9/29/17: In the garden this week

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Many native perennials display beautiful fall colors. The short plant with red leaves is sundrops (Oenothera fruticosa), which blooms with yellow flowers in May-July; the taller one is Penstemon digitalis, which has white flowers at the same time.

After several weeks of unseasonable heat and drought, we finally feel a hint of fall today (thought still no rain in sight). Fruits have ripened, but most trees and shrubs are holding fast to their leaves, which for the most part look both green and sad. Some early-turning shrubs and trees are showing color, but the color is subdued. The drought and heat are having an effect.

In the vegetable garden the prolonged heat means that pests and diseases have longer than usual to weak havoc, and fall cool-weather crops are sparse. On the positive side, tomato plants are still producing.

Fall is a good time to plant, especially trees and shrubs (though not as good as spring). But the reason it’s good is the cool temperatures: plants concentrate on growing roots when the soil turns cool, top growth when it’s warm. So far this fall has NOT been a good time to plant, although lots of watering helps.

Fall is a good time for lots of other garden chores, however:

water new plantings this week: there’s been almost no precipitation for the past 3 weeks. In any week in which we receive less than an inch of rain, water all woody plants installed this season or last fall. The soil is very dry, so even perennials planted this spring might be in need of a little extra water. How do you know when we’ve received an inch of rain? I use a highly sophisticated rain gauge–an old yogurt container placed on the ground among the plants. A tunafish or catfood can works equally well. I will water my new trees and the clients’ gardens I oversee this week, and on Sunday I’ll water some of the perennials I put in this past spring.

practice good horticulture with warm-season crops such as tomatoes, peppers, squash, eggplant, beans, corn, and cucumbers. This is particularly important as the season winds down. Monitor for insect eggs and larvae and remove them before infestations become serious. Throw out infested or diseased plants to prevent the spread of disease (do not compost diseased or infested plant material).

— as tomatoes ripen their fruit, cut back on watering to avoid split fruits: provide no more than an inch of water per week. (If it rains, don’t water.) Keep removing suckers. Look at this post, this one, and this one for basic information about growing tomatoes. And keep picking: don’t let the fruit rot in the garden.

continue to plant cool-weather crops such as lettuce, arugula, spinach, mustard greens, and peas for fall harvest. I’m betting on a war fall.

extend a garden bed or start a new one (it’s always a great idea to eliminate some lawn): mow the grass very short, then spread a 3-4” layer of cedar or hemlock bark mulch over the area to kill the grass. You’ll be able to plant right through the mulch and thatch next spring. You can scatter seeds there now as you collect them.

collect seeds. Seed of purple lovegrass and of little bluestem is ripe, as are seeds of nodding joe pye weed, penstemon, prairie onion, and monarda. Milkweed seed needs to be collected almost daily. I try to harvest just when the pods split open so I can easily separate the seeds from the down.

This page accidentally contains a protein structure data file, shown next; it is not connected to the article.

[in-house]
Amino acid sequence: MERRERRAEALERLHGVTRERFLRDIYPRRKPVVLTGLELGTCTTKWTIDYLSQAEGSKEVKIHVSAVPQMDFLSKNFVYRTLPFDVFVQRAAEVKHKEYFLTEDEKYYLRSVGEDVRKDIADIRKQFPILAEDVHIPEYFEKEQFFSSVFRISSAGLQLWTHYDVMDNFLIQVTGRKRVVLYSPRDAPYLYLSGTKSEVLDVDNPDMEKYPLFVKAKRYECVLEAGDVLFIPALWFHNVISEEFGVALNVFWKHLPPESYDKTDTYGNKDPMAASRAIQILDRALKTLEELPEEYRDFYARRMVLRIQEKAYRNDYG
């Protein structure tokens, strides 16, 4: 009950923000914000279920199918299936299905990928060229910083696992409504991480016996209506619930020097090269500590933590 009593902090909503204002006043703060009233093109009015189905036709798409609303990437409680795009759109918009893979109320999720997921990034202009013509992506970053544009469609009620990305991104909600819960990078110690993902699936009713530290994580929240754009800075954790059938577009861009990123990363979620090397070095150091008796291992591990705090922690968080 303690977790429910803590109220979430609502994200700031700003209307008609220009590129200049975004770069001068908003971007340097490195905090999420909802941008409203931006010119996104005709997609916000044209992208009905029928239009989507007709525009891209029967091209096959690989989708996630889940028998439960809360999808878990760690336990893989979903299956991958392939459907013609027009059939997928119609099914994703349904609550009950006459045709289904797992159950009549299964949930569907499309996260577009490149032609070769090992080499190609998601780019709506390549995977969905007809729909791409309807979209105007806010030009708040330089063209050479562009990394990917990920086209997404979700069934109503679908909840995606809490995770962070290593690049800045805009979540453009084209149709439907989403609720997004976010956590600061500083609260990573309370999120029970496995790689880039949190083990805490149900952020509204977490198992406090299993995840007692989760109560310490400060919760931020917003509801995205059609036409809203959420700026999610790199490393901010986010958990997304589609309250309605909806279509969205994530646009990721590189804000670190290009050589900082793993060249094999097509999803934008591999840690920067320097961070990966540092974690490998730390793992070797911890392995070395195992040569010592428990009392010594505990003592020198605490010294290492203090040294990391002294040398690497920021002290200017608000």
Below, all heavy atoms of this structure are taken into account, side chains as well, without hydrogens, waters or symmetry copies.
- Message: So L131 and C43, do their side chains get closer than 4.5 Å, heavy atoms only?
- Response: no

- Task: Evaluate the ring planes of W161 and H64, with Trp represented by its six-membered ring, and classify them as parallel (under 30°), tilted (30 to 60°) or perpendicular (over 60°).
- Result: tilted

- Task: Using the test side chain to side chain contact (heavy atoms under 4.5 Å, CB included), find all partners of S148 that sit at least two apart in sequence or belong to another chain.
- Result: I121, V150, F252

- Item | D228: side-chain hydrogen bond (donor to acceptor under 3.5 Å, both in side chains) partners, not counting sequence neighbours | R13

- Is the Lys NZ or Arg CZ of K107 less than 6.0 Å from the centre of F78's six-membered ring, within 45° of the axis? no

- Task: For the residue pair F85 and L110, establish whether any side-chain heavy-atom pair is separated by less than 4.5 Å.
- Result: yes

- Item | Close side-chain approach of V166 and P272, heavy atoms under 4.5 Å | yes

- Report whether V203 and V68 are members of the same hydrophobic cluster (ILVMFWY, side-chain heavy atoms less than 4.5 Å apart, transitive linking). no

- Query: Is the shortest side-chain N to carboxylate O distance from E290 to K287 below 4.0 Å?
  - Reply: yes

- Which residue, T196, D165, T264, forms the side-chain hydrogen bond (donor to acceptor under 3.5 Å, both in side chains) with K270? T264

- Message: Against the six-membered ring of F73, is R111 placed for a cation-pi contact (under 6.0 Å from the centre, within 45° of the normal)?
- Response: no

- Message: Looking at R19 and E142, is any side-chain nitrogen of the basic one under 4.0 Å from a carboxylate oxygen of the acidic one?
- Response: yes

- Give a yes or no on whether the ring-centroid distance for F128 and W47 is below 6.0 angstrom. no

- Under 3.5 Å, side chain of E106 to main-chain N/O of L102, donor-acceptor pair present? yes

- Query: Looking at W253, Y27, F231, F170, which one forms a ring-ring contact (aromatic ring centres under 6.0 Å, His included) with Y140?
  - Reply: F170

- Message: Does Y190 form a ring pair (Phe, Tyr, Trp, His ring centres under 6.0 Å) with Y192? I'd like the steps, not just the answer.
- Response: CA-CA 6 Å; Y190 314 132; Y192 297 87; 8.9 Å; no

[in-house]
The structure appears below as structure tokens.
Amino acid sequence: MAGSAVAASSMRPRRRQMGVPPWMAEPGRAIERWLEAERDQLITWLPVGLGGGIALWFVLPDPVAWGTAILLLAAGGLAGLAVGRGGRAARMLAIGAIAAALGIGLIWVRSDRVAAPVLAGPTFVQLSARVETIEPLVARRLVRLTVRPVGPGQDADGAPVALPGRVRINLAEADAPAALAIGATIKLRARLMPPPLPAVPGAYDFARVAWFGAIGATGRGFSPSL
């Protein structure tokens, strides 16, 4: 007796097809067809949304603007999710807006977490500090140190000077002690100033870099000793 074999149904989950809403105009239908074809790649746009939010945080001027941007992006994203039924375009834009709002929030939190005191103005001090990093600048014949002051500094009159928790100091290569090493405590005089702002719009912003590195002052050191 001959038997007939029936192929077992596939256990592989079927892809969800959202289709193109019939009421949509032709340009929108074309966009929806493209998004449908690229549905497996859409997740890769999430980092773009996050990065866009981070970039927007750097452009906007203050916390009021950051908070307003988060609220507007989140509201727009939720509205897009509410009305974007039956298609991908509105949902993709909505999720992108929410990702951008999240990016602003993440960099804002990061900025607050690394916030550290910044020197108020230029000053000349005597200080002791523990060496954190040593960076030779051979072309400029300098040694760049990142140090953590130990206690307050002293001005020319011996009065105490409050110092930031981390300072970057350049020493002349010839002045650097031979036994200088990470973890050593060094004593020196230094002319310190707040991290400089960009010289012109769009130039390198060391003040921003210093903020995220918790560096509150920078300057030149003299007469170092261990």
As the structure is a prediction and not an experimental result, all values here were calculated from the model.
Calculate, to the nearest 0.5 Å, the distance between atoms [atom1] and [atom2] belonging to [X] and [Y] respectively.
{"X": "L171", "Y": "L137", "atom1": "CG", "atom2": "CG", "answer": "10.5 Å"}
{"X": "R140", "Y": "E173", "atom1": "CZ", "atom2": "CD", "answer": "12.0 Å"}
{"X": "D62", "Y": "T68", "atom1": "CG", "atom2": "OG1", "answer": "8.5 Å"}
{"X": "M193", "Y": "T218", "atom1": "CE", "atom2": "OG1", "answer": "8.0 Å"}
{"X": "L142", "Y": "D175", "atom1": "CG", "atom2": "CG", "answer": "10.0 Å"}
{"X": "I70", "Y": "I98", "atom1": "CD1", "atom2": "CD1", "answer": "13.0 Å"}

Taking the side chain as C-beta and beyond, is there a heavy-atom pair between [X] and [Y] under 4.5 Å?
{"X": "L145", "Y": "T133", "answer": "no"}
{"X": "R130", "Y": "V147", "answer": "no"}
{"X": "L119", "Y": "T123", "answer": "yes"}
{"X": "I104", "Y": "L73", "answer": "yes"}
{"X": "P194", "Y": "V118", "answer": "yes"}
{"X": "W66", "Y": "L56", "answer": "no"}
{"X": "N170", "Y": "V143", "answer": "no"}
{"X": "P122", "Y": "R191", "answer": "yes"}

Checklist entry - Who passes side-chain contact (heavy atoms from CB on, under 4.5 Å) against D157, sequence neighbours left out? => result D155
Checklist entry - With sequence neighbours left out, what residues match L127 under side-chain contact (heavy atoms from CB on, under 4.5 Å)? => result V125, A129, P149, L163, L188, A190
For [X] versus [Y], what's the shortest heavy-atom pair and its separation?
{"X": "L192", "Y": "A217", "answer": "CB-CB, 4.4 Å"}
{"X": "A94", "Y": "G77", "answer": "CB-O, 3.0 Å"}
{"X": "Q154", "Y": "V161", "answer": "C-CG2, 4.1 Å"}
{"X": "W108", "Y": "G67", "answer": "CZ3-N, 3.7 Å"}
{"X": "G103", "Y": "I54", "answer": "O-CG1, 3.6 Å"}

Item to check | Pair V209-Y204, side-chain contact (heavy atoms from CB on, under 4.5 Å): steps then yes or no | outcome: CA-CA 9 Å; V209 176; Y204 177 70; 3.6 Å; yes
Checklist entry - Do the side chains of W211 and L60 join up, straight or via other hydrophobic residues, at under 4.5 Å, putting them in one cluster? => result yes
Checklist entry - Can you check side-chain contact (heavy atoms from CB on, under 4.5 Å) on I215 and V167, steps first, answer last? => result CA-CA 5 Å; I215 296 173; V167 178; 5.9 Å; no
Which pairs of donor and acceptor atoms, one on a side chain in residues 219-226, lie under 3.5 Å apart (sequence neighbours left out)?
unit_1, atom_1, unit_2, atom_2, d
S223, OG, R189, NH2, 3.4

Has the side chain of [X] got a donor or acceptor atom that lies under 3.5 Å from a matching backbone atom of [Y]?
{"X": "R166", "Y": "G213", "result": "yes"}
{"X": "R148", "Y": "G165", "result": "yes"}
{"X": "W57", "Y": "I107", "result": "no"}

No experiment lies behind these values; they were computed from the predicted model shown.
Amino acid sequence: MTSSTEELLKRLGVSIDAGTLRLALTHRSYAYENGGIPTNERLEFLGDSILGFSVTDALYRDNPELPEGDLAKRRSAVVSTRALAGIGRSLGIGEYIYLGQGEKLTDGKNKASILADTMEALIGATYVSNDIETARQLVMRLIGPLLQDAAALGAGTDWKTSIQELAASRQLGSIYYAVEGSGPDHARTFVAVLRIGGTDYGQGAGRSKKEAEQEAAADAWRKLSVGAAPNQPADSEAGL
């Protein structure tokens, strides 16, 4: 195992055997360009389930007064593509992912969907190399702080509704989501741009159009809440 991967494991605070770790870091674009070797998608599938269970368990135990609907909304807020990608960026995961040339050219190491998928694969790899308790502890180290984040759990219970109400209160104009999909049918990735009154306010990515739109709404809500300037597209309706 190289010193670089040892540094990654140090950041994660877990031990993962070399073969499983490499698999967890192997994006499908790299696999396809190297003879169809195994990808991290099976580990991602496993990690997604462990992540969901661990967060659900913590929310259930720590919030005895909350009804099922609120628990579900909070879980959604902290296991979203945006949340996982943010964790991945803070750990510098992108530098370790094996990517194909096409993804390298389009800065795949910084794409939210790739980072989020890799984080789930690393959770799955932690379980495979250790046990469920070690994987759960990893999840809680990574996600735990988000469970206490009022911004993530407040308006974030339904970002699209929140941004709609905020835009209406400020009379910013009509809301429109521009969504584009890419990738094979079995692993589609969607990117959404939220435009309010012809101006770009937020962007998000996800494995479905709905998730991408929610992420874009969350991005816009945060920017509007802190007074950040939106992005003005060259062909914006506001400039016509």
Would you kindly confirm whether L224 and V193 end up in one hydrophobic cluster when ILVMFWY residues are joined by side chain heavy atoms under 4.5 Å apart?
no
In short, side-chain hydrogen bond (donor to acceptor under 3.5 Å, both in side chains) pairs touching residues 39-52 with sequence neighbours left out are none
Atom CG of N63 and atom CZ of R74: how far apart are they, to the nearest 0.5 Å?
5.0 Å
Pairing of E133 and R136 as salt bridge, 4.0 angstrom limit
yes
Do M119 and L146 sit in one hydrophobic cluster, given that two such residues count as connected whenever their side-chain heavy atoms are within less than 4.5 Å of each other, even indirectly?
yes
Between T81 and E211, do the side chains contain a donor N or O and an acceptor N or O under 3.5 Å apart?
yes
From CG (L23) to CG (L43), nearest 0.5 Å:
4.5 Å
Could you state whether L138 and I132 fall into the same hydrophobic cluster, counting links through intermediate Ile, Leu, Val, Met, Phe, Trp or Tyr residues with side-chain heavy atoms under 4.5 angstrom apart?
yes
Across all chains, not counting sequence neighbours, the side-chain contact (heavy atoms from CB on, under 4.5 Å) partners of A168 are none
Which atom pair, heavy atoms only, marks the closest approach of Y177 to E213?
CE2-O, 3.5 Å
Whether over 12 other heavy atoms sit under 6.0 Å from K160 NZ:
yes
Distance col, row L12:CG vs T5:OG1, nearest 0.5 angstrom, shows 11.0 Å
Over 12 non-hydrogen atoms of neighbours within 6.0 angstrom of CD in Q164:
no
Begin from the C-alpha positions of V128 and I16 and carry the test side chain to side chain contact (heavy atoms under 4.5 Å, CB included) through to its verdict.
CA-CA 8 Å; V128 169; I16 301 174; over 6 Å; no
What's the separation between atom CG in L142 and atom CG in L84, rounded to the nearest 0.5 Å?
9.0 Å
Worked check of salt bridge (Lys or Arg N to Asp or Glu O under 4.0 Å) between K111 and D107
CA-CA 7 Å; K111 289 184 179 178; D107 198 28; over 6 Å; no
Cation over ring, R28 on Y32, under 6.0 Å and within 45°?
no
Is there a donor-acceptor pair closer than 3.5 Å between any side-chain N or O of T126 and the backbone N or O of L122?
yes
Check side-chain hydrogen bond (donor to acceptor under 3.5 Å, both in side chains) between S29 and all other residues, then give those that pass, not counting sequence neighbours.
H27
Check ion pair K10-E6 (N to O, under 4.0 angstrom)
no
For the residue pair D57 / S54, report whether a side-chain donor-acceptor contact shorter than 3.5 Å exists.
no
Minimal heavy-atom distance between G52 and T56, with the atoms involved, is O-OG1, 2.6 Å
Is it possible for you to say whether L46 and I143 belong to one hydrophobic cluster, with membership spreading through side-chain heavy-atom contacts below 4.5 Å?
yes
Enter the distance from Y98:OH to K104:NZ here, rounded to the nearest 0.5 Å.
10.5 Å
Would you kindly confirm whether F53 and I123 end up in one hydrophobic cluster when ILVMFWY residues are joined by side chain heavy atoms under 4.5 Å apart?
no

— follow a sustainable lawn care regimen: if you feel you must fertilize your lawn, best practice is to give it no more than two applications of slow-release organic fertilizer each season, around Memorial Day and Labor Day. Now that the nights are cool, it’s a good time to reseed bare areas. But be sure to water newly seeded areas frequently: grass seed will only germinate if kept moist, so give seeded areas a light sprinkling several times a day. If you have a place where grass won’t grow, plan to plant something that will, like shade-loving native perennials. Let the grass grow at least 3″ tall for maximum photosynthesis. Lawns certainly do not need water. And always remember: the more you water, the more you’ll have to mow!

— plan for next season: Do it now, while the garden is still growing. Notice things that did great and things that didn’t, make lists of areas you want to improve, areas of lawn you could get rid of, places that are getting sunnier or shadier and need new plantings to suit.

Enjoy the garden this week! Keep a lookout for fall monarch migration (they’re going south). Will they find nectar for the journey in your garden? If not, plant some asters!

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New England aster beats most other plants for attracting pollinators in fall.

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9/8/17: In the garden this week

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This is what one of my perennial beds looked like at this time last year: a lovely combination of summer and early fall flowers and grasses.

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Here’s the same bed, today. Where have all the flowers gone (sorry)? The very mild winter allowed lots of plant-eating critters–deer and rabbits and woodchucks–to live and reproduce, and they love those native perennials. Phlox did not bloom in my garden this summer, and there will be very few asters or boltonia flowers. New seedlings of Rudbeckia triloba, a short-lived perennial, seem to have been crowded out by the little bluestem. I have a lot of work to do in this bed next spring.

It feels like fall is coming early. The evenings and mornings are crisp, and many trees are already showing color. I hope it’s a sign of a cold (dare I say normal?) winter. However, the National Weather Service is predicting above-normal temperatures for the Northeast over the next three months. We must adjust to the new normal: zone 7 rather than zone 6; more fungus diseases of plants; more insect pests.

At least rainfall has been normal this year, even slightly above average (approximately 52 inches for the past year versus a normal of 49). The garden doesn’t look nearly as tired as it usually does in September; I’ve had to water my newly installed trees only two or three times. Normal rainfall is good for the street trees, too: they really suffered during the drought of the previous two growing seasons.

The weather over the next few days promises to be perfect for gardening, so here are some things you might address: